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When I type man regex into a shell, this loads

REGEX(3)                                                     Linux Programmer's Manual                                                     REGEX(3)

       regcomp, regexec, regerror, regfree - POSIX regex functions


when I type man 7 regex I get a different man page

REGEX(7)                                                     Linux Programmer's Manual                                                     REGEX(7)

       regex - POSIX.2 regular expressions


What is happening here?

marked as duplicate by don_crissti, Gilles, Community Sep 26 '15 at 23:58

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You can find more about this from man man. The man pages are broken into different sections. This is so things are grouped with like things, and you can have the same name in different spots (like, say, stat which exists in several sections).

The sections, as defined in my old Fedora's man man are:

1   Executable programs or shell commands
2   System calls (functions provided by the kernel)
3   Library calls (functions within program libraries)
4   Special files (usually found in /dev)
5   File formats and conventions eg /etc/passwd
6   Games
7   Miscellaneous  (including  macro  packages and conven‐
       tions), e.g. man(7), groff(7)
8   System administration commands (usually only for root)
9   Kernel routines [Non standard]
  • so both these documents are just sections in a larger man document? – the_velour_fog Sep 26 '15 at 23:37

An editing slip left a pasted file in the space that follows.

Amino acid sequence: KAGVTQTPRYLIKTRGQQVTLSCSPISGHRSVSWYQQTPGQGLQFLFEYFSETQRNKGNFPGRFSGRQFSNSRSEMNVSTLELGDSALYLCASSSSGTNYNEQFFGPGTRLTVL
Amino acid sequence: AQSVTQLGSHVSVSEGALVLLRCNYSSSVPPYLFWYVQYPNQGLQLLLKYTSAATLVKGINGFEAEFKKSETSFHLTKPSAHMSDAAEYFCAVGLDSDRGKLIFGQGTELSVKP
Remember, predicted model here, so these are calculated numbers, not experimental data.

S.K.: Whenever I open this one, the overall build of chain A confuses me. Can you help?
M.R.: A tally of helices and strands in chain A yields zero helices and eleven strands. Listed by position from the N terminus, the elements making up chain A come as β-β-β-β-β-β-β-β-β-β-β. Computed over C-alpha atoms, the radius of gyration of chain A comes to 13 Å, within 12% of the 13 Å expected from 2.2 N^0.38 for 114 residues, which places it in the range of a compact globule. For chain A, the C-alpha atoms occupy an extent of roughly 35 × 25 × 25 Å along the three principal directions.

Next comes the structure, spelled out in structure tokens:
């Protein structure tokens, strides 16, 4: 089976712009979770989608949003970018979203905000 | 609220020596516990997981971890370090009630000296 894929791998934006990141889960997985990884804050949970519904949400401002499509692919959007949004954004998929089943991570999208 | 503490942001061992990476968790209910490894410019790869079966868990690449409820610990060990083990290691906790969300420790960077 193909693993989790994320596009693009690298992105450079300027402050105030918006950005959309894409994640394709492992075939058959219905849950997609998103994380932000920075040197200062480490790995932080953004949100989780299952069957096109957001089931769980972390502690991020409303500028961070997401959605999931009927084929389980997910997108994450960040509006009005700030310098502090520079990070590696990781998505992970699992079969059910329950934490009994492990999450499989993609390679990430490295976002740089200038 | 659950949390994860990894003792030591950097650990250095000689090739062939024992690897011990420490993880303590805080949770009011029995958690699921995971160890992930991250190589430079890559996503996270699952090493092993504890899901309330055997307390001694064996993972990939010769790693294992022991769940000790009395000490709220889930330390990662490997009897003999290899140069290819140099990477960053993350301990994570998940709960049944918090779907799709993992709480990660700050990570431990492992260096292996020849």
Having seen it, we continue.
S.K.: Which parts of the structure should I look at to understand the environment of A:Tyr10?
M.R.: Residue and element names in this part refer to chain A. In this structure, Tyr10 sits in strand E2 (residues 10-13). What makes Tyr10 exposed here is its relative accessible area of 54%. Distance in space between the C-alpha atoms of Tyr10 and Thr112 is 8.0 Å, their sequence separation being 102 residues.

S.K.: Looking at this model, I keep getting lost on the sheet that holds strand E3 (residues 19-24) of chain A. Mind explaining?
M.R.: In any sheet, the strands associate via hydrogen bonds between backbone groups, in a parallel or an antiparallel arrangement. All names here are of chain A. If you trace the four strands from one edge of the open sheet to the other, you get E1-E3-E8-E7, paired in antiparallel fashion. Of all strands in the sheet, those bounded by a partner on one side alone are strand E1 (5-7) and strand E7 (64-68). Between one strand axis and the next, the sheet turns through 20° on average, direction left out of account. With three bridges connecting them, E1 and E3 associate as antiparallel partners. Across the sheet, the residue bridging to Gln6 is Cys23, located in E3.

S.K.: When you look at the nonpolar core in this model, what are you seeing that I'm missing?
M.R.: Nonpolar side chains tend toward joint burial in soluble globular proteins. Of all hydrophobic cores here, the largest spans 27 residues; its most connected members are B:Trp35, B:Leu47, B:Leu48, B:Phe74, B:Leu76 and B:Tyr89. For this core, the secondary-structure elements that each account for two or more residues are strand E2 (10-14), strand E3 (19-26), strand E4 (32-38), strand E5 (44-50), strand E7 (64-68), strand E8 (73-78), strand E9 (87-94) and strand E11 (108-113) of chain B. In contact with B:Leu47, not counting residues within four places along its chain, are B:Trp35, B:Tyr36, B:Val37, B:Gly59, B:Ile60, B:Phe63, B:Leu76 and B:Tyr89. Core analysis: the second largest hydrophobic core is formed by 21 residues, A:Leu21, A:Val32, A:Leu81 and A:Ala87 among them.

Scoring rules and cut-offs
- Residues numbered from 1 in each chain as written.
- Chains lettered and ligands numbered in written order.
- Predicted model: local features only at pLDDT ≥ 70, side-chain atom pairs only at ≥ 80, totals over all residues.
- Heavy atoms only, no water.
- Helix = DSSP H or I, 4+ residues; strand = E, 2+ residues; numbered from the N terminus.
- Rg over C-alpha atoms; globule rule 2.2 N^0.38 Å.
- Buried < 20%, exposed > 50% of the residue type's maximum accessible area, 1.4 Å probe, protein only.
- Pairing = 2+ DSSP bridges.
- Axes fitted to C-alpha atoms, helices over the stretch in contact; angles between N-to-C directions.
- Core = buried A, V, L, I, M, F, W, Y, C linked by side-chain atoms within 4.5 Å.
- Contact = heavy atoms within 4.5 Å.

• They are documents for different things. The first one is in section 3, so it is documenting the regex.h library. The second, man 7 regex documents POSIX regular expressions, which are used by many shell commands – Eric Renouf Sep 26 '15 at 23:39
  • 1
    I see, so do the writers of the man page for a given program - set a "default" section number that will be loaded when someone simply enters man <program> ? – the_velour_fog Sep 26 '15 at 23:43
  • Yes, the section number is generally both included in the man page itself (e.g., the REGEX(3) and REGEX(7) titles in your examples), and that affects where it gets installed. For linux at least they typically they go in /usr/share/man/manX where that X is the section, so /usr/share/man/man3 and /usr/share/man/man7 for your two regex examples. – Eric Renouf Sep 26 '15 at 23:55
  • Also, my comment may have misinterpreted your comment question. In general man pages are searched in order, and if you just type man <program> the user will get the first section that has an document for <program>. The user can specify the section they would like to use with the number as in man 7 regex saying to look in section 7, otherwise they're search 1-9 in order and first one "wins". man -a <program> will show all sections that have entries for that document. Also useful is apropos <name> which will give a list of potentially relevent man pages – Eric Renouf Sep 26 '15 at 23:58

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